While wealth is seen by most as a good thing, as a strength in both the individual and in society as a whole, we do ourselves a serious disservice when we ignore the weakness that wealth, especially concentrated wealth, creates. In a time of abundant wealth in the United States, wages are stagnant for working people, poverty is on the rise, debt is skyrocketing, and every service consumed by ordinary Americans is going up in price, and becoming less available. And the reason for it is plain to see. The rich are killing us.
Put down the torches and pitchforks. The rich are certainly to blame for the current state of affairs in America, but it is not evil that motivates them. It is weakness, specifically a weakness tied to their inability to understand hardship, due to never experiencing it themselves, and in most cases, never even seeing it. It is the same ignorance middle class families see in their children at those moments in childhood when we teach the next generation about money, about work, about saving and about the value of a wage.
A significant portion of today’s moneyed class were born into wealth, and most of those who were not were instead born on the smoothly paved path to financial success. According to the Brookings Institution, close to 45% of our wealth is inherited, and “over 60% of the Forbes richest 400 Americans grew up in substantial privilege.” That’s a massive amount of wealth to be controlled by those who have never had to experience the cost of a missed paycheck, or the anxiety of economic uncertainty. That’s a whole lot of people who were never really taught about the value of their own riches, much less what to do with them. Some figure this out on their own, but most never remove the blinders.
To Donald Trump, himself a trust fund baby who never once experienced hardship, these are the “best people” he promised to bring into his administration, and under his direction they have orchestrated a massive shift in wealth away from working people, and into the pockets of those who already have more than they can responsibly use. From the tax cut, to school privatization, to healthcare cuts, and on and on, it’s terrible policy, but we would be incorrect to call it evil, or attribute it to malicious intent. They’re not evil. They’re just ignorant, and in their worlds, an encounter with poverty is about as likely as a unicorn sighting.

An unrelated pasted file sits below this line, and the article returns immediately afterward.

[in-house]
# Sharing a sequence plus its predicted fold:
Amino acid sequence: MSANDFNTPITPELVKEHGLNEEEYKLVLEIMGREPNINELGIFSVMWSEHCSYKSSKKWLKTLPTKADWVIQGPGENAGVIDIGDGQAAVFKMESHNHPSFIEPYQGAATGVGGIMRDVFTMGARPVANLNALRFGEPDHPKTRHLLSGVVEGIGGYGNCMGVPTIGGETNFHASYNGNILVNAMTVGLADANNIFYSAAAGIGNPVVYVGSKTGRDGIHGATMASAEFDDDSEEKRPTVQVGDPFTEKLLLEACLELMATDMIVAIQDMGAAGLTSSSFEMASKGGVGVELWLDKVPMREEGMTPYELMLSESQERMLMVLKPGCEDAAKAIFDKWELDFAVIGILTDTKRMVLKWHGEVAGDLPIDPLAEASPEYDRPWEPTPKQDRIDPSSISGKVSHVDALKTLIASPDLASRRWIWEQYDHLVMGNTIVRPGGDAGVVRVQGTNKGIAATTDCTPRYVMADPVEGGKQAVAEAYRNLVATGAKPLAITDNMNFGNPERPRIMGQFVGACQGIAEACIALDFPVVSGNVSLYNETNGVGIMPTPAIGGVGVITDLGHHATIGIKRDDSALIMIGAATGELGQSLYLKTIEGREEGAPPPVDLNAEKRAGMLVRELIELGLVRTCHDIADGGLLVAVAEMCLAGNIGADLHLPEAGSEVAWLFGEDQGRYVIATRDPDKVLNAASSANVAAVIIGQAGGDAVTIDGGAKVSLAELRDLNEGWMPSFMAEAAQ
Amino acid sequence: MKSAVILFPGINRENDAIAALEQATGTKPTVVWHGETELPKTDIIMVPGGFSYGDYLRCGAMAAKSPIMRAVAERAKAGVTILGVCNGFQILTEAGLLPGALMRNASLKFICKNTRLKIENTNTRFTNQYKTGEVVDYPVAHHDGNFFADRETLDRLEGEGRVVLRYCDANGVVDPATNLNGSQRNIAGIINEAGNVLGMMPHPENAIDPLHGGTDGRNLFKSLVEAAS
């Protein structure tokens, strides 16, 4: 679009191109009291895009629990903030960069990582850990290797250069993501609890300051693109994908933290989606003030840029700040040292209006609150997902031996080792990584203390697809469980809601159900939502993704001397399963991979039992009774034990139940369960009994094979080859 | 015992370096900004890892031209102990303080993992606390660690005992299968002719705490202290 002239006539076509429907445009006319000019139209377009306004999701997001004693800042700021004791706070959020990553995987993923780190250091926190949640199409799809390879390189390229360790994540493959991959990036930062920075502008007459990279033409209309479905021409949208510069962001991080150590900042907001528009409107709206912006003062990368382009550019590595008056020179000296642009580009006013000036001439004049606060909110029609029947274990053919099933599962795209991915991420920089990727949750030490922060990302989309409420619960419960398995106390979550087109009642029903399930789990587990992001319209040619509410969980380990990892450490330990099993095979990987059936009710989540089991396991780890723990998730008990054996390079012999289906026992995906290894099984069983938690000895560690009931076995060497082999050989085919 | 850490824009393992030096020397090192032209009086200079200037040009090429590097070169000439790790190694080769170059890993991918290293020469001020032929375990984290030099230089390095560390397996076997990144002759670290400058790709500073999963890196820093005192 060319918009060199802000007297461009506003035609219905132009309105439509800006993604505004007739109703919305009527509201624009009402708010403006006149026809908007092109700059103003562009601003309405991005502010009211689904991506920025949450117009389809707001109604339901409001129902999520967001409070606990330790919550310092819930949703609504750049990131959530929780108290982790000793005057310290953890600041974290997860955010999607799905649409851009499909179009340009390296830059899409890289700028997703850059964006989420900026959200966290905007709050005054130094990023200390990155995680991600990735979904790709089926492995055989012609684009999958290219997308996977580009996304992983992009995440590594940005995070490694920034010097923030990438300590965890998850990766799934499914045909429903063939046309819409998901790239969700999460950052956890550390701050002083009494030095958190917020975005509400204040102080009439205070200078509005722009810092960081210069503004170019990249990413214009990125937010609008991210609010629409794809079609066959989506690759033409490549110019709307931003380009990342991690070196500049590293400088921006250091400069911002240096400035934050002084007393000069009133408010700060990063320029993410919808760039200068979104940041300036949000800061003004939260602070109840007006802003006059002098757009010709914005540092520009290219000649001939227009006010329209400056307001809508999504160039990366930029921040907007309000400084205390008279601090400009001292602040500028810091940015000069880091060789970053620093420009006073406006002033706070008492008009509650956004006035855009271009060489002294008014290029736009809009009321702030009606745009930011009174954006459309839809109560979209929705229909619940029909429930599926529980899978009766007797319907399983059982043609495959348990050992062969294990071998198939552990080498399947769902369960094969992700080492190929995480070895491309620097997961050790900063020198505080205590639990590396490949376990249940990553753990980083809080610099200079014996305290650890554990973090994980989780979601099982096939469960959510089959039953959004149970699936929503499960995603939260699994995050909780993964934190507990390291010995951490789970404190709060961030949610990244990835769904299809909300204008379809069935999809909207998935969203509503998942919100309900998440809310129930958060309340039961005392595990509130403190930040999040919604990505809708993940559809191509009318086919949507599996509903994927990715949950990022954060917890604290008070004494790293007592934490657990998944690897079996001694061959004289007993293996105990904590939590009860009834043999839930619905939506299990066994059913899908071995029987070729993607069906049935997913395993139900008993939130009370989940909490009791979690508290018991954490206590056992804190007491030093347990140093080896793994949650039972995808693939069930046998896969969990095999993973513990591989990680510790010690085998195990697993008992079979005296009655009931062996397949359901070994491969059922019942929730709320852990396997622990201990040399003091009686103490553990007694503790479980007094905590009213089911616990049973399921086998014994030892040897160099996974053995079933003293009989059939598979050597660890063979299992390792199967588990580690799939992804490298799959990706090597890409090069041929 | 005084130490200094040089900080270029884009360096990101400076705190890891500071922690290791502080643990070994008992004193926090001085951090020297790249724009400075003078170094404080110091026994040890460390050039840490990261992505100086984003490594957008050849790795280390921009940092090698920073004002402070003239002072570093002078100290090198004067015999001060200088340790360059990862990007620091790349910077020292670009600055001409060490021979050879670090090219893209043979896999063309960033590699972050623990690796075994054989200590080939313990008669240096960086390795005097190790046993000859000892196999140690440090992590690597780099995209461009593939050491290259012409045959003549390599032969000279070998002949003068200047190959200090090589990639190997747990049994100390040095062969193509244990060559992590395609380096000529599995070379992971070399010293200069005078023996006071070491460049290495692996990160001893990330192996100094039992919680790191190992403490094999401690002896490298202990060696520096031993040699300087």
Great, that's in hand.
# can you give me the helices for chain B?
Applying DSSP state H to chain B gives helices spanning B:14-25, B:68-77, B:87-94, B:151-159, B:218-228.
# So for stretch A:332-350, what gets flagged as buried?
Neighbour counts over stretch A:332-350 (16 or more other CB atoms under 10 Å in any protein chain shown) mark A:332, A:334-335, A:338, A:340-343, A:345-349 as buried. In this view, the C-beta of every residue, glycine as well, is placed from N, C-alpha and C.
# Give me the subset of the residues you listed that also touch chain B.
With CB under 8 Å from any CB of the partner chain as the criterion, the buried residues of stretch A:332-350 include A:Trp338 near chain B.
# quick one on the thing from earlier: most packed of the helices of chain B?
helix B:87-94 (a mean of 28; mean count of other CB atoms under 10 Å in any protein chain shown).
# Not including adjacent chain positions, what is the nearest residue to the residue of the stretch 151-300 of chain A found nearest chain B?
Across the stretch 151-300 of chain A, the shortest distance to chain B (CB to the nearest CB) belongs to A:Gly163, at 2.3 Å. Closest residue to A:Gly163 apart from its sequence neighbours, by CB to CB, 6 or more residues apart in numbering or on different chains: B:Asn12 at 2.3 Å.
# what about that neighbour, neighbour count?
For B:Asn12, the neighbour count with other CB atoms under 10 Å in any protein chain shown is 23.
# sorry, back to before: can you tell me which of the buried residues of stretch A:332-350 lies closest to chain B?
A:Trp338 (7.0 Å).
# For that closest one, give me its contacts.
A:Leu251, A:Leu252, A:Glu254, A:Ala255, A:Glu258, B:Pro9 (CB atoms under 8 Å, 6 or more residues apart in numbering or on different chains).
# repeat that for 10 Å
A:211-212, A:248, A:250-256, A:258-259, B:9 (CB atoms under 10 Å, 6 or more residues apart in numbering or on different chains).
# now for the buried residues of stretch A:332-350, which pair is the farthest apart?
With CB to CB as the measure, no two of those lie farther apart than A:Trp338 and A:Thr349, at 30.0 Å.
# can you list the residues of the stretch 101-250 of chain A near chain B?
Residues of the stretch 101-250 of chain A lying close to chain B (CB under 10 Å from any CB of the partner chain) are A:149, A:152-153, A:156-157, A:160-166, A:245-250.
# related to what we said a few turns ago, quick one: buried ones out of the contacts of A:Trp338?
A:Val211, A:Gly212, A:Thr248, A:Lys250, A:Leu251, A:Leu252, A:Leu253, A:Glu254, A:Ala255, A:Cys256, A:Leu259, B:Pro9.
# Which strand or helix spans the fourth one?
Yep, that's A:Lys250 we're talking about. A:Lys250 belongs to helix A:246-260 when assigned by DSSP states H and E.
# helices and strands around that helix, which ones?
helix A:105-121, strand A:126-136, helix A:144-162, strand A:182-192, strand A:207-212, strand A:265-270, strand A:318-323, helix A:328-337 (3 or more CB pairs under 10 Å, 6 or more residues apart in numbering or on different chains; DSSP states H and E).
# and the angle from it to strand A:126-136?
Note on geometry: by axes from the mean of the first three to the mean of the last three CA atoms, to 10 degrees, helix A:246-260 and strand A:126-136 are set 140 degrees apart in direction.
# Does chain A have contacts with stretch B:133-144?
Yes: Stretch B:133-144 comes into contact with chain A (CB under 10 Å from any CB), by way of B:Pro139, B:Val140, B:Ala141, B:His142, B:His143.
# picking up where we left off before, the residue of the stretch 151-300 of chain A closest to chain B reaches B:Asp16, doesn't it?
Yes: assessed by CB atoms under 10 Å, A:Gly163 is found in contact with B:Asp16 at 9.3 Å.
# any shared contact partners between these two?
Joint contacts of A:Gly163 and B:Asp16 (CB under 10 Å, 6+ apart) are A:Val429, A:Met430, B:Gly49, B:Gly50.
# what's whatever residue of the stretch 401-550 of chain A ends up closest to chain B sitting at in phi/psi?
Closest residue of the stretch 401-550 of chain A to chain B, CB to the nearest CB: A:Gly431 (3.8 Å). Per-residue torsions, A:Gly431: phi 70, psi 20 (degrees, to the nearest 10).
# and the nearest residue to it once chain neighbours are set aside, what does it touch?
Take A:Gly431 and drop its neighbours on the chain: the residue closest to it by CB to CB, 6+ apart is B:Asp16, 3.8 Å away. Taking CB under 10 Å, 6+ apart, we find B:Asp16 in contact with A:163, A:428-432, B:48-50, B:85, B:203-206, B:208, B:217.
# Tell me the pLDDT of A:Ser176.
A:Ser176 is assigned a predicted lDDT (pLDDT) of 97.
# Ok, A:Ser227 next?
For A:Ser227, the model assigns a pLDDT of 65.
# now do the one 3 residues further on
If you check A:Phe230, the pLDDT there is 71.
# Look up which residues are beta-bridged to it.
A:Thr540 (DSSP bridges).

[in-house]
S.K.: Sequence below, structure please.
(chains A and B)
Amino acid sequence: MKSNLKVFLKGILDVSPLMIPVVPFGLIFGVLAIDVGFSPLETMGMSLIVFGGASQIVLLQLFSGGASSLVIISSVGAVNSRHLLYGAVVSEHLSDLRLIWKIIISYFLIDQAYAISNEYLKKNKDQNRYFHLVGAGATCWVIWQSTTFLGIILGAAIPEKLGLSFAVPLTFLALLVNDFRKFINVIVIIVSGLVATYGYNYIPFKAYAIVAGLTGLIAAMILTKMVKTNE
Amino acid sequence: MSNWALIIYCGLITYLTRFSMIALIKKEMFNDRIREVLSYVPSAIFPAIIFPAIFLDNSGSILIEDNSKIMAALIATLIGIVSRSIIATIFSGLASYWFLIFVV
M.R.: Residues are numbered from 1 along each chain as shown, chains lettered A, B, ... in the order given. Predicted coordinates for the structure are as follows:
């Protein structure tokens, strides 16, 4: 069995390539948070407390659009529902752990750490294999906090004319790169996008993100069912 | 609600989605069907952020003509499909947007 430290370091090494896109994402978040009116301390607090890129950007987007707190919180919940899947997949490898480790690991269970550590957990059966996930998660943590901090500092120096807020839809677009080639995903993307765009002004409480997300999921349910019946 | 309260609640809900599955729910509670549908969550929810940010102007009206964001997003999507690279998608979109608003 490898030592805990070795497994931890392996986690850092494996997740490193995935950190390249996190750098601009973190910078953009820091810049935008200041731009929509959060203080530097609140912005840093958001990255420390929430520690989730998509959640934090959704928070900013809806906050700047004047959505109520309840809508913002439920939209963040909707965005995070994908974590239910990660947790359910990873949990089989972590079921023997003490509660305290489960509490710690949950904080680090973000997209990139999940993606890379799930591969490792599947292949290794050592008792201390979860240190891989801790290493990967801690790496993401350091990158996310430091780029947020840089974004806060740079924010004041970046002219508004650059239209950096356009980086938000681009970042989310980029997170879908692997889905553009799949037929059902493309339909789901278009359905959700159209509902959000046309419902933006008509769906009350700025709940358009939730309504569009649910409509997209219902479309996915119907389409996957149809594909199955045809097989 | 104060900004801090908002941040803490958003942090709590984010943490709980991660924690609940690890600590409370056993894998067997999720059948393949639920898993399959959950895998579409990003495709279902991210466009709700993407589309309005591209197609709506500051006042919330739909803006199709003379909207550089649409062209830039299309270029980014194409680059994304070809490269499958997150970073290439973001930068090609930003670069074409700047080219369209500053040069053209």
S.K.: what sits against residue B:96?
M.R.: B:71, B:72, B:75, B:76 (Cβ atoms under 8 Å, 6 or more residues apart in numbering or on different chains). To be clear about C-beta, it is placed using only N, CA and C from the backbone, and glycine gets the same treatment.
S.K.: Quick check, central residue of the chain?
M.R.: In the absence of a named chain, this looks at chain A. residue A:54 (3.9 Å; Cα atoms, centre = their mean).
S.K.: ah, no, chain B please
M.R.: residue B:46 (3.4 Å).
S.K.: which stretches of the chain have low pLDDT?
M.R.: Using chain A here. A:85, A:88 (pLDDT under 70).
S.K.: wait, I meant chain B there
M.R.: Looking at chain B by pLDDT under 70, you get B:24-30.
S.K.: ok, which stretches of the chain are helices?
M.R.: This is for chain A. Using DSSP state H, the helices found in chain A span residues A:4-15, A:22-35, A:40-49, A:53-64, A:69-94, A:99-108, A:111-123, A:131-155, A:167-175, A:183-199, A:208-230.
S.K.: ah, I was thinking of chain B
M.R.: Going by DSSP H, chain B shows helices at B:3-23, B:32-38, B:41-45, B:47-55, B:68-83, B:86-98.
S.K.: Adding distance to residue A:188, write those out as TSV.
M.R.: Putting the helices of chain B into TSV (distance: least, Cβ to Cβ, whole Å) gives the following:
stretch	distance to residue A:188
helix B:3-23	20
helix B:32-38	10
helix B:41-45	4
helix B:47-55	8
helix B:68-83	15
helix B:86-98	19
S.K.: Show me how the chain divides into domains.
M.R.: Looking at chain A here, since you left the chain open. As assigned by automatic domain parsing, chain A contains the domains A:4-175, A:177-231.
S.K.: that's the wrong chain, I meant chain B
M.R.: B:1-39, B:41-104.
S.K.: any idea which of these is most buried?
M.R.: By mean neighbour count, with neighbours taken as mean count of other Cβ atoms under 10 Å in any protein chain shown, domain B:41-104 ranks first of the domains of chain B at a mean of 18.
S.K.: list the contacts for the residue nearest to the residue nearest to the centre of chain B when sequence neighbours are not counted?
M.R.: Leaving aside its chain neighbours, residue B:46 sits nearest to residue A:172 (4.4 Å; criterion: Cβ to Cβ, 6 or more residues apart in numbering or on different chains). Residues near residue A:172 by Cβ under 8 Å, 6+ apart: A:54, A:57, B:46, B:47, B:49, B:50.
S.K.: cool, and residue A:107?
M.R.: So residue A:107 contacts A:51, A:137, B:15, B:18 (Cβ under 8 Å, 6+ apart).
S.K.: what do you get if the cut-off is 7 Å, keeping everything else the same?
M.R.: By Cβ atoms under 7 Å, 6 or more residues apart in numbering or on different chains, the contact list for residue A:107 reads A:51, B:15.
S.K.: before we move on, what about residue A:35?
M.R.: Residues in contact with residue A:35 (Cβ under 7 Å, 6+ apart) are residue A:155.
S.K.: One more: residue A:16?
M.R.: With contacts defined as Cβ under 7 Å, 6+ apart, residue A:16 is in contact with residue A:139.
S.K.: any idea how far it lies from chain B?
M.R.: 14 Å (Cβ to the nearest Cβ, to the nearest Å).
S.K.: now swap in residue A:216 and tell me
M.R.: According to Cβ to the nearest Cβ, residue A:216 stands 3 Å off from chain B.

And for our part, we would be incorrect to lay the blame solely at the feet of the weak-minded rich and powerful, for it is us who worship them, who provide them with the platform that enables their misplaced confidence and self-assured vulgarity. We are the idolaters, and too many of us believe the lies simply because they are the lies we want to be told, when we know in our hearts and minds that we should press for the uncomfortable truth. We believe too easily, question too infrequently, and simply hand over our votes, our futures, and even our faith based not on what our leaders think and believe, but what they are willing to say into the microphone, and how they hug a flag. They are children, and yet we let them lead us.
In “A Theory of Justice,” philosopher John Rawls explains a thought experiment he calls “The Veil of Ignorance.” In short, it says that our idea of a just society will almost certainly privilege our own circumstances. Those with wealth will favor a top-heavy system, while those without will favor a system that distributes wealth more evenly. The only way to combat this prejudice is to remove ourselves from the equation, to construct a veil of ignorance that assumes we have no choice in where we end up in the system we create, that our position must be random. Only then can we create a just system, or make a reasonable attempt at doing so. Rawls is taught pretty much everywhere, but I believe it’s safe to say he’s not a part of the curriculum at the Wharton Business School.
So when the government shuts down, this is the lens through which I see the problem. It’s not that Donald Trump wants to hurt working people; it’s that he doesn’t see them. Our pain is a fiction, our discomfort a Bigfoot story. It isn’t real to those who have never seen it and could never imagine it, and this is why they do what they do. So when Wilbur Ross, Commerce Secretary and billionaire, says out loud into a microphone that he “doesn’t understand” why federal workers need food bank assistance, I take him at his word. He’s not evil. He’s just showing us the weakness of wealth. He’s showing us why he’s a terrible choice for the job he now holds.
As I look over the family accounts and think about the big financial questions we face, it is an act of discipline to write sentences like “They’re not evil,” and “They’re just ignorant.” In reality, they could be evil. The president’s cabinet is worth $4.3 billion, easily the richest in history, and it is very difficult to see what they do as a product of weakness rather than malice, but I must. I must believe that ignorance can be educated. Immaturity can be outgrown. Weakness can be exercised.
In that, there is hope, but if I’m wrong, and I often am, then it might just be time for the torches and pitchforks.
Contributing Editor: Brett Pransky
Brett Pransky is a teacher, a father, and a writer, but not necessarily in that order. When not engaged in the good fight, he spends his time as a mild-mannered English professor at Ohio University. Find him on Twitter @BrettPransky.